Things that caught our eye
A broad coalition of privacy advocates has sent an open letter to the Dutch Minister of Security and Justice today, asking to suspend any activity on bills that: ‘lead to tracking of citizens without any specific and concrete suspicion against them,’ until the government has developed a ‘vision’ about privacy protection of citizens in the Dutch information society. This vision should then be the subject of a public debate facilitated by the Dutch Government, so that the Dutch people may have the fundamental discussion about privacy and technological development it never had. Preferably the debate would be held not only in Parliament, but also outside of Parliament.
The current bills of which they would like to see legislative action suspended until the public debate has taken place are:
This open letter is signed by a large group of privacy researchers, interest groups and groups such as Amnesty International (Netherlands), Bits of Freedom (the Dutch equivalent of the EFF), Dutch Association of Criminal Lawyers, Dutch Association of Journalists, Privacy First Foundation and many others. There is also a website where individuals may sign the letter.
Some of the aforementioned groups were also a party to the recent interim proceedings in which the Dutch Data Retention Act was struck down, (for more on that see our earlier post, with a translation of the ruling attached).
We will update this post with the response of the Government.
Read the open letter in Dutch here.
Things that caught our eye
Today the District Court of The Hague ruled the Dutch Data Retention Act inoperable in summary proceedings. You can find the Dutch judgment here. And for those not reading Dutch, we have made a quick unofficial (!) English translation of the judgment, which you can download here.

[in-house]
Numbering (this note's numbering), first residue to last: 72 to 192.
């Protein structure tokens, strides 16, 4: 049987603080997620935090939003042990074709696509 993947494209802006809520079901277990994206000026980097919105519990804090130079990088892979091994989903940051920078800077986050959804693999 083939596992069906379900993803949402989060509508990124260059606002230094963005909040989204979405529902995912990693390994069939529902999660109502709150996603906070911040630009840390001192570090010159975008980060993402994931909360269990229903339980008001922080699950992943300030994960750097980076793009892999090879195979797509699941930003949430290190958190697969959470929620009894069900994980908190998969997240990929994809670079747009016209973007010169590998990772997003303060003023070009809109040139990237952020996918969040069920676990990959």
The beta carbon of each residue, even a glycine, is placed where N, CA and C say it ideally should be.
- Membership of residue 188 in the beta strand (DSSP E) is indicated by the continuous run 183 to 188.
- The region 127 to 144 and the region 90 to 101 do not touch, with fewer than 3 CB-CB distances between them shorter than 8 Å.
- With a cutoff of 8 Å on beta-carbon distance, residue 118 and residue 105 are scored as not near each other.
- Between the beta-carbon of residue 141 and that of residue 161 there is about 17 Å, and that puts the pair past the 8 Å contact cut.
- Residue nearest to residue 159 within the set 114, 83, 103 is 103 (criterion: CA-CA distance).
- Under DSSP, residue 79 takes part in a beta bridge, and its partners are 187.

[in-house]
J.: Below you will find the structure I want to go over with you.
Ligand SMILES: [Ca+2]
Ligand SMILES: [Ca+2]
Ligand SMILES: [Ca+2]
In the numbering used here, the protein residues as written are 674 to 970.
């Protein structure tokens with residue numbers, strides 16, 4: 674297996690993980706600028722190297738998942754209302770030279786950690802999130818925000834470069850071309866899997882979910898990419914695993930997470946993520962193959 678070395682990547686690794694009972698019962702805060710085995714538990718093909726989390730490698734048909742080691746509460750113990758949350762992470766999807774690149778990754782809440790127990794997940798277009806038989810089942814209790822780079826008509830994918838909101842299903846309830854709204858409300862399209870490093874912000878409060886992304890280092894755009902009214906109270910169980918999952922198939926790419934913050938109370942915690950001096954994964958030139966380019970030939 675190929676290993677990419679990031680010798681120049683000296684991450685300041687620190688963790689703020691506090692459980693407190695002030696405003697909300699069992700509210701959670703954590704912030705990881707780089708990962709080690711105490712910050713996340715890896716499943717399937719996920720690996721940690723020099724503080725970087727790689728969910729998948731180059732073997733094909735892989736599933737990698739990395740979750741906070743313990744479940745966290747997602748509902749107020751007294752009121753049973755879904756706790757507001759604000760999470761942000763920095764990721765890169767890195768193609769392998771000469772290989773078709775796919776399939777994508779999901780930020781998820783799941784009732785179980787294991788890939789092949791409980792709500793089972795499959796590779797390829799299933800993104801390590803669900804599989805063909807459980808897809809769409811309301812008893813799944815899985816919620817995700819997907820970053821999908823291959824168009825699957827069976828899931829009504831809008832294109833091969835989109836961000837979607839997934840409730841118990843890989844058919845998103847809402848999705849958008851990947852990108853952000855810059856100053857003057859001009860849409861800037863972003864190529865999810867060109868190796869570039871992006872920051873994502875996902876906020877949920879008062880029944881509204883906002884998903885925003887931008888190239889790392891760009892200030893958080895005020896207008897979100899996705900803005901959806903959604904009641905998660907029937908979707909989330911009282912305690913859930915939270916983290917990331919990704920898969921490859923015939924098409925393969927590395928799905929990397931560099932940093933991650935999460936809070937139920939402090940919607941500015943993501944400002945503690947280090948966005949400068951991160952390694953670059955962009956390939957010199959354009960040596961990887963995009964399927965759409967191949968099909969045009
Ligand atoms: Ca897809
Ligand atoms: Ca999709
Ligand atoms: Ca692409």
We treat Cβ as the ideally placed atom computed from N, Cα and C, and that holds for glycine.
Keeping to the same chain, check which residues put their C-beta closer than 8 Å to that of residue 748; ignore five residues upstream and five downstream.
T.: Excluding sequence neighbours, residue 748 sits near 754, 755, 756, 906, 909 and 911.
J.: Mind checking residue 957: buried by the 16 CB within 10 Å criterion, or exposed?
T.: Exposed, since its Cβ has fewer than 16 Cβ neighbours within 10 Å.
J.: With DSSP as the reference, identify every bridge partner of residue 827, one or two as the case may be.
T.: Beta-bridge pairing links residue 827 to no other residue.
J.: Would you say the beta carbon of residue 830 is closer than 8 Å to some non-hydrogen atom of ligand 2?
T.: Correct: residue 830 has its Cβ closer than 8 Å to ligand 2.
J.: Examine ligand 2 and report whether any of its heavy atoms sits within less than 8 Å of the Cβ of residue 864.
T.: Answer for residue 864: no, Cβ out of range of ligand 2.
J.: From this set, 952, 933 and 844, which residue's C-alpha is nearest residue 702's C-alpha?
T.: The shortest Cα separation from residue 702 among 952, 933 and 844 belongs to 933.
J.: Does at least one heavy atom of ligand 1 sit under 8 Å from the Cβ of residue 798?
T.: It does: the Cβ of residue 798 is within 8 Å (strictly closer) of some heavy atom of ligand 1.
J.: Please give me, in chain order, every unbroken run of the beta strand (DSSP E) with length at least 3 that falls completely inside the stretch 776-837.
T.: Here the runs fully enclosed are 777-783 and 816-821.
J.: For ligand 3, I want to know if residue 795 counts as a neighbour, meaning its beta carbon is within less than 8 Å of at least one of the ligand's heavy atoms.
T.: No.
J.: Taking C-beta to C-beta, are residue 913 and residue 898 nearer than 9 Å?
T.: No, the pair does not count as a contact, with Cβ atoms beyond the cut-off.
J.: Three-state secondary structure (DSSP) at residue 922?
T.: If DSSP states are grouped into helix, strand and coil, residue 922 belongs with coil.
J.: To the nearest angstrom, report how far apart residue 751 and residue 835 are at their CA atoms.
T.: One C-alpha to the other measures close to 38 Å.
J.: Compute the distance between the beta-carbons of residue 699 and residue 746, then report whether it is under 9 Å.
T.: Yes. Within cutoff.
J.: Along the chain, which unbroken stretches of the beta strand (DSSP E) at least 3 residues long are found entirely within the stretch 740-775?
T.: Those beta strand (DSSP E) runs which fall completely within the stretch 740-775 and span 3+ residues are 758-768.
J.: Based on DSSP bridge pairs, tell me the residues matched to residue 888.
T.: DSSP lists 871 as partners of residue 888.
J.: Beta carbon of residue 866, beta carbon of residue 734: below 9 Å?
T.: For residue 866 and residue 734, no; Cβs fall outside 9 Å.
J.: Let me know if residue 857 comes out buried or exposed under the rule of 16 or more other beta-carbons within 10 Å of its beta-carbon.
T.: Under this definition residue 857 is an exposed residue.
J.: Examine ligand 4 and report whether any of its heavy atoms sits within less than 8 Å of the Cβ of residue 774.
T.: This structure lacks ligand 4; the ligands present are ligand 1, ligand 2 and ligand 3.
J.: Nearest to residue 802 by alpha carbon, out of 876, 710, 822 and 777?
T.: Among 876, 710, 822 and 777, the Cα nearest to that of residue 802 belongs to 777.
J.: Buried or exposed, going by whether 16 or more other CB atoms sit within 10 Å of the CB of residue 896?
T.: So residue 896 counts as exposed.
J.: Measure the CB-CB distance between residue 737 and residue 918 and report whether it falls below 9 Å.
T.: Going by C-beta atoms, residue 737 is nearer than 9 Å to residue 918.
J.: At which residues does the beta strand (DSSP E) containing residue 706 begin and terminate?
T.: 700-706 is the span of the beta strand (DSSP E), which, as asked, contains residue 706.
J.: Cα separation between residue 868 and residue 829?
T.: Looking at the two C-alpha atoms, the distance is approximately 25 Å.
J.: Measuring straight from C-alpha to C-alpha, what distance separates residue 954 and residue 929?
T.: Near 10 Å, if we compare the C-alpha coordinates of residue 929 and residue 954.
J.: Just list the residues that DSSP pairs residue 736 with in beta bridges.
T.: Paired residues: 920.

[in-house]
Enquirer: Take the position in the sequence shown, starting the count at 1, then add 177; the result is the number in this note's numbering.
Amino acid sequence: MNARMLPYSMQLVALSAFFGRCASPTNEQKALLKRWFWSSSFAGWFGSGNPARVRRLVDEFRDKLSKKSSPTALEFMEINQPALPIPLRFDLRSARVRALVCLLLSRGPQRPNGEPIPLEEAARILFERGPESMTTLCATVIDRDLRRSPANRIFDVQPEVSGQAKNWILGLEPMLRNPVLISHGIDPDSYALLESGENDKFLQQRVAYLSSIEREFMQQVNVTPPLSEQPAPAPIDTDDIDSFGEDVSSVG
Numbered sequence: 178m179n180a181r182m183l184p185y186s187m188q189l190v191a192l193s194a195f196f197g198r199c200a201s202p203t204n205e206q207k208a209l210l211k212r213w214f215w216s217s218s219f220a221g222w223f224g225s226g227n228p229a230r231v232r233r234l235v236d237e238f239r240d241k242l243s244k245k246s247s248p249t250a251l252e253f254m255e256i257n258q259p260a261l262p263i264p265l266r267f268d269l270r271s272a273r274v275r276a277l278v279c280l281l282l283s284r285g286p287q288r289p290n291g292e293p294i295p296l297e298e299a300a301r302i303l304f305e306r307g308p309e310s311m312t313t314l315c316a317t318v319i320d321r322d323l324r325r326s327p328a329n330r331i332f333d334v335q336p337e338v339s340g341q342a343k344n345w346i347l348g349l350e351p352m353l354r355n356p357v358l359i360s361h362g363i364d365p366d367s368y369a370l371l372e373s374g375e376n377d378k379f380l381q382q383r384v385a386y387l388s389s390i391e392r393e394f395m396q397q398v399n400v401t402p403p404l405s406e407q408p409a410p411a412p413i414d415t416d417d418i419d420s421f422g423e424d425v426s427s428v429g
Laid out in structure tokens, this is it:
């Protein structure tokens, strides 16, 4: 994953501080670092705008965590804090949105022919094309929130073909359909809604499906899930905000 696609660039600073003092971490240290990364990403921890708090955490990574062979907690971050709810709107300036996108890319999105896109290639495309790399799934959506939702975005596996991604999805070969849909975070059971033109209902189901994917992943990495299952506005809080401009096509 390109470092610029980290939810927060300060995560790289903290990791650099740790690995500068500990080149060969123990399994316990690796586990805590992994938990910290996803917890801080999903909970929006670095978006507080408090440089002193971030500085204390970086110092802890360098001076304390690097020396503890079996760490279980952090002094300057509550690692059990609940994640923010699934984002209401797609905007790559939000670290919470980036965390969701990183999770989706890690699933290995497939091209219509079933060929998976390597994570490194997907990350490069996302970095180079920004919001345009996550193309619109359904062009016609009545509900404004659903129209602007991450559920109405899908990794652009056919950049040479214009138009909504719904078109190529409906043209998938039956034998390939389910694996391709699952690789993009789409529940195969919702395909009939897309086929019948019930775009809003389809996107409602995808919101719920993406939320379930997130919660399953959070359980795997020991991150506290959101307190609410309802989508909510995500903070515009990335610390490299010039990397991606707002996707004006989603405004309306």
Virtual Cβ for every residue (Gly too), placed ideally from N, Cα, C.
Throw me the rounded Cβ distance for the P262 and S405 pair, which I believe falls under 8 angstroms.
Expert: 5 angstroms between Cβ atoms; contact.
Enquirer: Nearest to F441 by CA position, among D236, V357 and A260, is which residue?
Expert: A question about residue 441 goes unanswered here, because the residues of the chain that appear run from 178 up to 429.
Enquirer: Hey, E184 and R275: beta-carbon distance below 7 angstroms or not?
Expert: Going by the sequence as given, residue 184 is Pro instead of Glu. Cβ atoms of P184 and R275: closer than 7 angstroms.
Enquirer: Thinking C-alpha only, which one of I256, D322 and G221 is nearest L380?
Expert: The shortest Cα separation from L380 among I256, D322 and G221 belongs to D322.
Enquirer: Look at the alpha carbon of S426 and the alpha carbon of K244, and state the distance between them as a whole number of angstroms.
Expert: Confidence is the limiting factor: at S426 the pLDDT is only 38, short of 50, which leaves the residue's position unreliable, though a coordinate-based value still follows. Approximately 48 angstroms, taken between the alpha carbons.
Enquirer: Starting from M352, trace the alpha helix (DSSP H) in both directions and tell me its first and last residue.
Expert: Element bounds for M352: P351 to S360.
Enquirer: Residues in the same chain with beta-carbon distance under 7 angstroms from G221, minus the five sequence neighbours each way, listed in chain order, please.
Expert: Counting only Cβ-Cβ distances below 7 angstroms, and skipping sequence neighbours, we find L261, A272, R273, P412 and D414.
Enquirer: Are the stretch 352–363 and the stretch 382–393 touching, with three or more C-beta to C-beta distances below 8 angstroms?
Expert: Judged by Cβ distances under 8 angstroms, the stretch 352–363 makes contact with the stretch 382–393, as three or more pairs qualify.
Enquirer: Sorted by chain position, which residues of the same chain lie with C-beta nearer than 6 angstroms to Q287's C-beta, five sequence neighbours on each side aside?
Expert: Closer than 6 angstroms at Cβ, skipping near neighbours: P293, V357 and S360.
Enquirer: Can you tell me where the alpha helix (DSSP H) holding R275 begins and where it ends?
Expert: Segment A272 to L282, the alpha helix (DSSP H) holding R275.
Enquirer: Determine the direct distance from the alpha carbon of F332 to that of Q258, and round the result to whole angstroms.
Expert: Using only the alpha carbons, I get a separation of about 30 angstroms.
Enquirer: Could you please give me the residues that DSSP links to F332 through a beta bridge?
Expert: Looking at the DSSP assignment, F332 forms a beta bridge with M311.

For many EU Member States it was clear that since the EU Court of Justice on 8 April 2014 had ruled the Data Retention Directive invalid, with retroactive effect, the national implementation laws would also be invalid. The Dutch government opted for a different strategy. It retained (pun intended) the law as is, while thinking about amending the law in the future.
This was deemed an unacceptable course of action by Privacy First, The Dutch Lawyers Committee on Human Rights, The Dutch Association of Journalists and three companies that are providers of telecommunication services and public telecommunication networks. They sued the Dutch State, and today they won. More…
Today the Court of Justice of the European Union (CJEU) declared the Data Retention Directive to be invalid, based on the fact that ‘the EU legislature has exceeded the limited imposed by compliance with the principle of proportionality’. How did the CJEU come to this decision, what are the governmental responses and what does this mean for harmonisation? More…